Focus Finder: Swimsuit Model Photographer

Sports Illustrated photographer David Klutho normally shoots some of the nation's premier athletes, but last year he got a prized assignment -- a trip to Maui to shoot the magazine's annual swimsuit edition.

By Adam Piore

Job Title:Sports/Swimsuit Photographer

Companies that hire them: Sports Illustrated is the grand daddy of them all, but a number of magazines now have their own swimsuit editions, among them, Harper's Baazar and Glamour.

Number of jobs in the U.S.: Only about 40 photographers work at a high enough level to vie for the coveted swimsuit assignments. Sports Illustrated sometimes draws from their pool of 15 staff photographers, but not always. They often use freelancers.

How to find out about openings: Though occasionally outlets may post job listings, the best method is to contact the organizations directly and send them samples of your work.

How much can you earn: Usually, anywhere from $40,000 to $150,000 a year, though a select few can make two or three times that amount.

Useful Skills: Hand-eye coordination with good reaction time, and an encyclopedic knowledge of sports to anticipate action. When shooting the swimsuit edition, confidence and an unflappable professionalism help. Supermodels can be intimidating.

Every time David Klutho gets a call for a new assignment, he says it feels like he's won a contest. "The phone rings and it's like 'You won a free trip to a sporting event and your destination is...'" says the Sports Illustrated photographer.

Still, few contest winners are lucky enough to win the prize Klutho's employers hooked him up with last year: an all-expenses-paid trip to Maui to photograph supermodels Veronica Varekova and Yamila Diaz wearing bikinis.

It was Klutho's second time shooting for the annual swimsuit issue (the new one is due out on the stands on Valentine's Day). The first time was in 2000, when he traveled to a resort just north of Acapulco and shot eight different models -- including Heidi Klum and Daniella Sarahyba -- all in 3-D.

"It's a vacation type of assignment," says Klutho, 47, who has been working for the nation's premier sports-photography venue since the late 1980s. "You shoot in the morning and late in the afternoon. You don't feel like you're working. It's one of these things everybody always wants to do."

Klutho says people often ask him what it's like to shoot the most beautiful women in the world. He maintains the best part is simply the chance to do something different.

"It's not like it would be if you pulled a guy out of a bar and said 'You're going to go on this shoot,'" he says. "You get desensitized," Klutho says, from the glamour and glitz of celebrity, even when those celebrities are scantily clad models.

For Klutho, the best part about the swimsuit shoots is that there's more time to set up the shots than there is in professional sports, where the photographer must shoot the action right as it unfolds.

"You've got to think of everything in a spatial relationship; not only are you doing exposure and focus, but [you're] getting people to look good," he says. "It's a different kind of challenge."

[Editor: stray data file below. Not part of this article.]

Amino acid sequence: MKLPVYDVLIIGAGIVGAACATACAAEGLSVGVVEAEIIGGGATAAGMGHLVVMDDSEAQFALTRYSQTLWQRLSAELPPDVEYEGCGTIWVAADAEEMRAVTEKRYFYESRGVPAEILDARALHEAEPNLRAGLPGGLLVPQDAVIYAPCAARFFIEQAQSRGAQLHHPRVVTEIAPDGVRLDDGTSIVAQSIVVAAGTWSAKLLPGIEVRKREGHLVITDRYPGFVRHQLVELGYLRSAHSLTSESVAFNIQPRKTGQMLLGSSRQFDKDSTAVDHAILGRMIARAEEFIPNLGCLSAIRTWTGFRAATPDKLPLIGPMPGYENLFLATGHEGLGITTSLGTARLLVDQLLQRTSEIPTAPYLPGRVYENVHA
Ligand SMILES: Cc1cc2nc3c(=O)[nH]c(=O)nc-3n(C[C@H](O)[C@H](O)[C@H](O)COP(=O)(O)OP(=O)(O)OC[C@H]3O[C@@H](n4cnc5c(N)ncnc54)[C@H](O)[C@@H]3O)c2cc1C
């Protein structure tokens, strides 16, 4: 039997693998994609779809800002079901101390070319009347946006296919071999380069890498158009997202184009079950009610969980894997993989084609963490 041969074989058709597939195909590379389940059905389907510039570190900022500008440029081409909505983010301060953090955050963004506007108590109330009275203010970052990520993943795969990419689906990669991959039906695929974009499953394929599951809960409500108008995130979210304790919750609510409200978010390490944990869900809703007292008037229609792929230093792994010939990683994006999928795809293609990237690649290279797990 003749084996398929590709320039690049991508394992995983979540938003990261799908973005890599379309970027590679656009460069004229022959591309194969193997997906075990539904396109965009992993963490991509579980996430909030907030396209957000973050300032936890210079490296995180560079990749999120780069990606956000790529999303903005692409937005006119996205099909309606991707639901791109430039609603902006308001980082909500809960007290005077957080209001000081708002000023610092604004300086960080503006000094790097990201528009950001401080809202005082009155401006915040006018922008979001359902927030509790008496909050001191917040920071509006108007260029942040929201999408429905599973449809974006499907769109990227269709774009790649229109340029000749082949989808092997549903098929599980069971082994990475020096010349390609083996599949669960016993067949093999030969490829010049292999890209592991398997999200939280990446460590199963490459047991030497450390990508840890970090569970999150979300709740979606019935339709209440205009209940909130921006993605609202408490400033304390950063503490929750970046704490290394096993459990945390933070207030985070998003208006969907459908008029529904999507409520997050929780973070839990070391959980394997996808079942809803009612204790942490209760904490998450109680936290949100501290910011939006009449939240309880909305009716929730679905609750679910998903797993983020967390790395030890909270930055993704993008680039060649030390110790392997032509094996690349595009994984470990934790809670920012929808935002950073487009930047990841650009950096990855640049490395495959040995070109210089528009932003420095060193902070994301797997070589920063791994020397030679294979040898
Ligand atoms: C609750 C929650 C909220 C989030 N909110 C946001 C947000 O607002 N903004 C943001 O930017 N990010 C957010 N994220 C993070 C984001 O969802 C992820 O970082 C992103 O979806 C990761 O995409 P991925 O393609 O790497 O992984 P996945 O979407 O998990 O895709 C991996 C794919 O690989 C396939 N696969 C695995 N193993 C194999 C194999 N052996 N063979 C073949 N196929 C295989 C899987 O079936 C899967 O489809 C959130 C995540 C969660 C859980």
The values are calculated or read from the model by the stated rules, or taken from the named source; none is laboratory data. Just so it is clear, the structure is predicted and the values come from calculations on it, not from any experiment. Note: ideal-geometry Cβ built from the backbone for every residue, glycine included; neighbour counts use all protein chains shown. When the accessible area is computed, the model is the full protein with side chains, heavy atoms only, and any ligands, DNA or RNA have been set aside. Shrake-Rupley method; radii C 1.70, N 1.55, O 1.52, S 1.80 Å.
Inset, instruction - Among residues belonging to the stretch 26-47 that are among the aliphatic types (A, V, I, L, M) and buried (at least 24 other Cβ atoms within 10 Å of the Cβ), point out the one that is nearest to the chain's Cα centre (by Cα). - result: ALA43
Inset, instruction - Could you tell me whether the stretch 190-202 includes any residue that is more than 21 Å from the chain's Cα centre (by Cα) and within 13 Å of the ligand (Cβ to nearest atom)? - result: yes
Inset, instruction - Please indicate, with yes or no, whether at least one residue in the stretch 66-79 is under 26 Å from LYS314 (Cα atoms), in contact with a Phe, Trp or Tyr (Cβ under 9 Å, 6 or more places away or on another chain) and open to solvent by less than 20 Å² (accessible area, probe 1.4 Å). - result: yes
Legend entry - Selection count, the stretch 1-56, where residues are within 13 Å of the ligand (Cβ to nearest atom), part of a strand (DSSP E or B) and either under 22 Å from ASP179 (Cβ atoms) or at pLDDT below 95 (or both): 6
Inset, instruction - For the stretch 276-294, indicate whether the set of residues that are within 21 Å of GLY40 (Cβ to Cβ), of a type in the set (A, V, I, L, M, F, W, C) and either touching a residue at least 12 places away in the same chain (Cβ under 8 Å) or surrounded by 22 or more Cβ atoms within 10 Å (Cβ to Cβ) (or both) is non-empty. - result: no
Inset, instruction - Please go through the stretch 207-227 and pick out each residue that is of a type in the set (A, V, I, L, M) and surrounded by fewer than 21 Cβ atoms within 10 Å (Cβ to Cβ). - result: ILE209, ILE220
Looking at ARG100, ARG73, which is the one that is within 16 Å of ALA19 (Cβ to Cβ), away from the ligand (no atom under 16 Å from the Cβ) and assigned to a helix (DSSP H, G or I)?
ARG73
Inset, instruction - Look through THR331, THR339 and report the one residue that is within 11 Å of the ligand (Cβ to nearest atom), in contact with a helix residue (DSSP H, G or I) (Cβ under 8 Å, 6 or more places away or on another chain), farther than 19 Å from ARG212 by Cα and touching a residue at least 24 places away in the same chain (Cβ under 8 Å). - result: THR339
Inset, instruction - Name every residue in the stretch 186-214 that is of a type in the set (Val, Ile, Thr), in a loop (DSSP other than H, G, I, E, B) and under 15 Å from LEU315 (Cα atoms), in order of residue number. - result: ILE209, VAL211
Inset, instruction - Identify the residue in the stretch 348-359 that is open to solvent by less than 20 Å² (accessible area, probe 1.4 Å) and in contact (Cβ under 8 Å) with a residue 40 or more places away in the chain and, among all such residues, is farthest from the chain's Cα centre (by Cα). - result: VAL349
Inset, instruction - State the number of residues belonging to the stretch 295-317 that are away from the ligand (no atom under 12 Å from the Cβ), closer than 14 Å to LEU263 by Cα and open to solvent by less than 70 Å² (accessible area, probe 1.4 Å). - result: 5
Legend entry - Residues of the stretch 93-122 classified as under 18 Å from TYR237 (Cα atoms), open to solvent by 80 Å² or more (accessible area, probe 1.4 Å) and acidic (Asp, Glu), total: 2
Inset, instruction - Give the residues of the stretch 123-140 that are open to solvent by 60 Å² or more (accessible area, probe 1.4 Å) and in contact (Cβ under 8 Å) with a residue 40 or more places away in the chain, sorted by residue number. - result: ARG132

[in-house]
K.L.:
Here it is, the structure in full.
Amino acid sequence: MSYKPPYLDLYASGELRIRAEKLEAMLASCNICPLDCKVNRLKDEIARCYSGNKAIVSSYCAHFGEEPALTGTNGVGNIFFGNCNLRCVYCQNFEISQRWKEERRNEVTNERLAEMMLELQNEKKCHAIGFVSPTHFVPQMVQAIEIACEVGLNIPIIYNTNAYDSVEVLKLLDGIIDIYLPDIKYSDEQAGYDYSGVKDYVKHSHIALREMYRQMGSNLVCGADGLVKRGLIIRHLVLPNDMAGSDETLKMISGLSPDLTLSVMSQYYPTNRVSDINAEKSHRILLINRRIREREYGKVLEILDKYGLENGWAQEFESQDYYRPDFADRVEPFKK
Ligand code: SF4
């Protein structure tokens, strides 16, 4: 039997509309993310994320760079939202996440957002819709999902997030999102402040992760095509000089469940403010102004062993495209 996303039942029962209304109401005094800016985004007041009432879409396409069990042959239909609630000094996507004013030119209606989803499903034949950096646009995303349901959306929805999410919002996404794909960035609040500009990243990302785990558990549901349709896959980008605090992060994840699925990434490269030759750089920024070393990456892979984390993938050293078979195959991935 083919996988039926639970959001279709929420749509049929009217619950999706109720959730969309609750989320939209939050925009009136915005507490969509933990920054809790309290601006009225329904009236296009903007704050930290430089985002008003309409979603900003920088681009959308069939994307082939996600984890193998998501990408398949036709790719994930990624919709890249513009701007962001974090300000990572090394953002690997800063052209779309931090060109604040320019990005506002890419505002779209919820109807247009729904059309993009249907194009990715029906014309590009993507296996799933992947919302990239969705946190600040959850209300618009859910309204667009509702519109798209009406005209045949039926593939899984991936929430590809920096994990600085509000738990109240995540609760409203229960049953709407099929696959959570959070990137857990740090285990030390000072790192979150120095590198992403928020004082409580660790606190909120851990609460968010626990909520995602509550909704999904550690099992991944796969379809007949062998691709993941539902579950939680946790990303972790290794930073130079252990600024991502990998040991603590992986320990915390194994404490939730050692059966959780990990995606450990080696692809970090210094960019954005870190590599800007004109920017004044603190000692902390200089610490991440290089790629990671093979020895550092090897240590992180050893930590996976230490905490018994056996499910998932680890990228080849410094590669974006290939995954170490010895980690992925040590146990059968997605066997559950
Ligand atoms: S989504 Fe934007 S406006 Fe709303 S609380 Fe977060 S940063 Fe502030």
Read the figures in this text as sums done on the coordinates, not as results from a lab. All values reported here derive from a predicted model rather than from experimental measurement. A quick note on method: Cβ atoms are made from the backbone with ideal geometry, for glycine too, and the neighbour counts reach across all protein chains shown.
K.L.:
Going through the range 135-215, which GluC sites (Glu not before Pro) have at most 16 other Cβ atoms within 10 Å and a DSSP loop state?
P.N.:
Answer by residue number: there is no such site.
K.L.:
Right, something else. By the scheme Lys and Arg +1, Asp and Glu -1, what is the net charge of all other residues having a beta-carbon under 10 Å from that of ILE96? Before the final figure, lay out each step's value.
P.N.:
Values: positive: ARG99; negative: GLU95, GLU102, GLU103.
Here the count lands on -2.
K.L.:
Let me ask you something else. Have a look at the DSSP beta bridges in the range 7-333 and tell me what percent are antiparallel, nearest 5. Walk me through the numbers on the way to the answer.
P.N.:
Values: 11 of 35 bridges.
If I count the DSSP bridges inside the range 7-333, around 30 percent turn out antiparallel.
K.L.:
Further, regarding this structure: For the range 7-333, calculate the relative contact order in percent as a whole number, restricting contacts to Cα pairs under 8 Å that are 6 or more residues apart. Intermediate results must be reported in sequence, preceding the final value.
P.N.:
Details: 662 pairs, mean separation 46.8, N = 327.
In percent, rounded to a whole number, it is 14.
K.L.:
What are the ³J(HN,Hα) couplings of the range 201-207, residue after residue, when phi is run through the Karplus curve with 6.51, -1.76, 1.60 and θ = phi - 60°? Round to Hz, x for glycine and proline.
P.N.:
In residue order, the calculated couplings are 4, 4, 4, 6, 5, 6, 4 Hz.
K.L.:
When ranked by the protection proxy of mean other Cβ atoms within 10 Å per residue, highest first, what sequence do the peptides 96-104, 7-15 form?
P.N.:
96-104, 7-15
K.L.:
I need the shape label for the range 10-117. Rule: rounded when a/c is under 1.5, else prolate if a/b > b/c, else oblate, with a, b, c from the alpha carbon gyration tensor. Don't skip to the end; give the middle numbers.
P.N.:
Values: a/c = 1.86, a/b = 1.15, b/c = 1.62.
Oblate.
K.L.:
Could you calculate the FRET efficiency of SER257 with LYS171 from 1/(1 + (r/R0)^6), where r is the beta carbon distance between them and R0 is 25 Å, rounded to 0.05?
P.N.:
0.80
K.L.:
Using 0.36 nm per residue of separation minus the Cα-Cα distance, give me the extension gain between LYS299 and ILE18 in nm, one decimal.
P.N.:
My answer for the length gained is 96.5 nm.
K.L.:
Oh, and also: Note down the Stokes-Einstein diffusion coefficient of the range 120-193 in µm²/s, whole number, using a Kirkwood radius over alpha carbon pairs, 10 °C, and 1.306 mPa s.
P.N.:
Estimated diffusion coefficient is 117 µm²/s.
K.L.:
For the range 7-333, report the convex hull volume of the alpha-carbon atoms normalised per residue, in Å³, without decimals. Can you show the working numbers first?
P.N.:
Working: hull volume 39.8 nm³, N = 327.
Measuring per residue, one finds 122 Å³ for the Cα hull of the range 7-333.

Certainly, Klutho has had plenty of opportunity for "different" adventures. He's rented camels and shot the Cameroonian National basketball team in front of the pyramids. He's stood at center ice in the Stanley Cup scrum. He's even photographed basketball player Tony Kucoc heaving a military smoke grenade back into a raucous crowd of spectators during a game in Belgrade.

"I've been to all 50 states at least a couple times and 20 countries for S.I.," he says. "It gives you a broad view of things."

Klutho grew up in St. Louis and received his first camera for Christmas when he was in the eighth grade.

"Before I even started shooting, I told my mom, 'I want to shoot for Sports Illustrated,'" he says.

By high school, Klutho was photographing sports for the yearbook and newspaper. In college, he worked for the University of Missouri Athletic Department. And after school, he landed a job shooting pictures for the local hockey team. At the age of 25, he was in the process of compiling a portfolio to take to Sports Illustrated when a photo editor from the magazine called his employer looking for good pictures of brawls on the ice.

It was the only opportunity Klutho needed. His work blew away S.I.'s editors in New York City and soon he was travelling around the country shooting everything from brawls to baskets.

Klutho says that the quality of today's sports photography is better than ever because of innovations like autofocus, making creativity more important.

"You got to realize that hundreds and hundreds of people now have exactly the same equipment and got the exact same shot," says Klutho. "The hiring people are looking for something a little more subtle."

The competition is even more intense when it comes to shooting swimsuit models. But for Klutho it's just another day on the job.

"It's the same as shooting an athlete for a portrait," he says, "you have to give them a direction, or come up with an idea."

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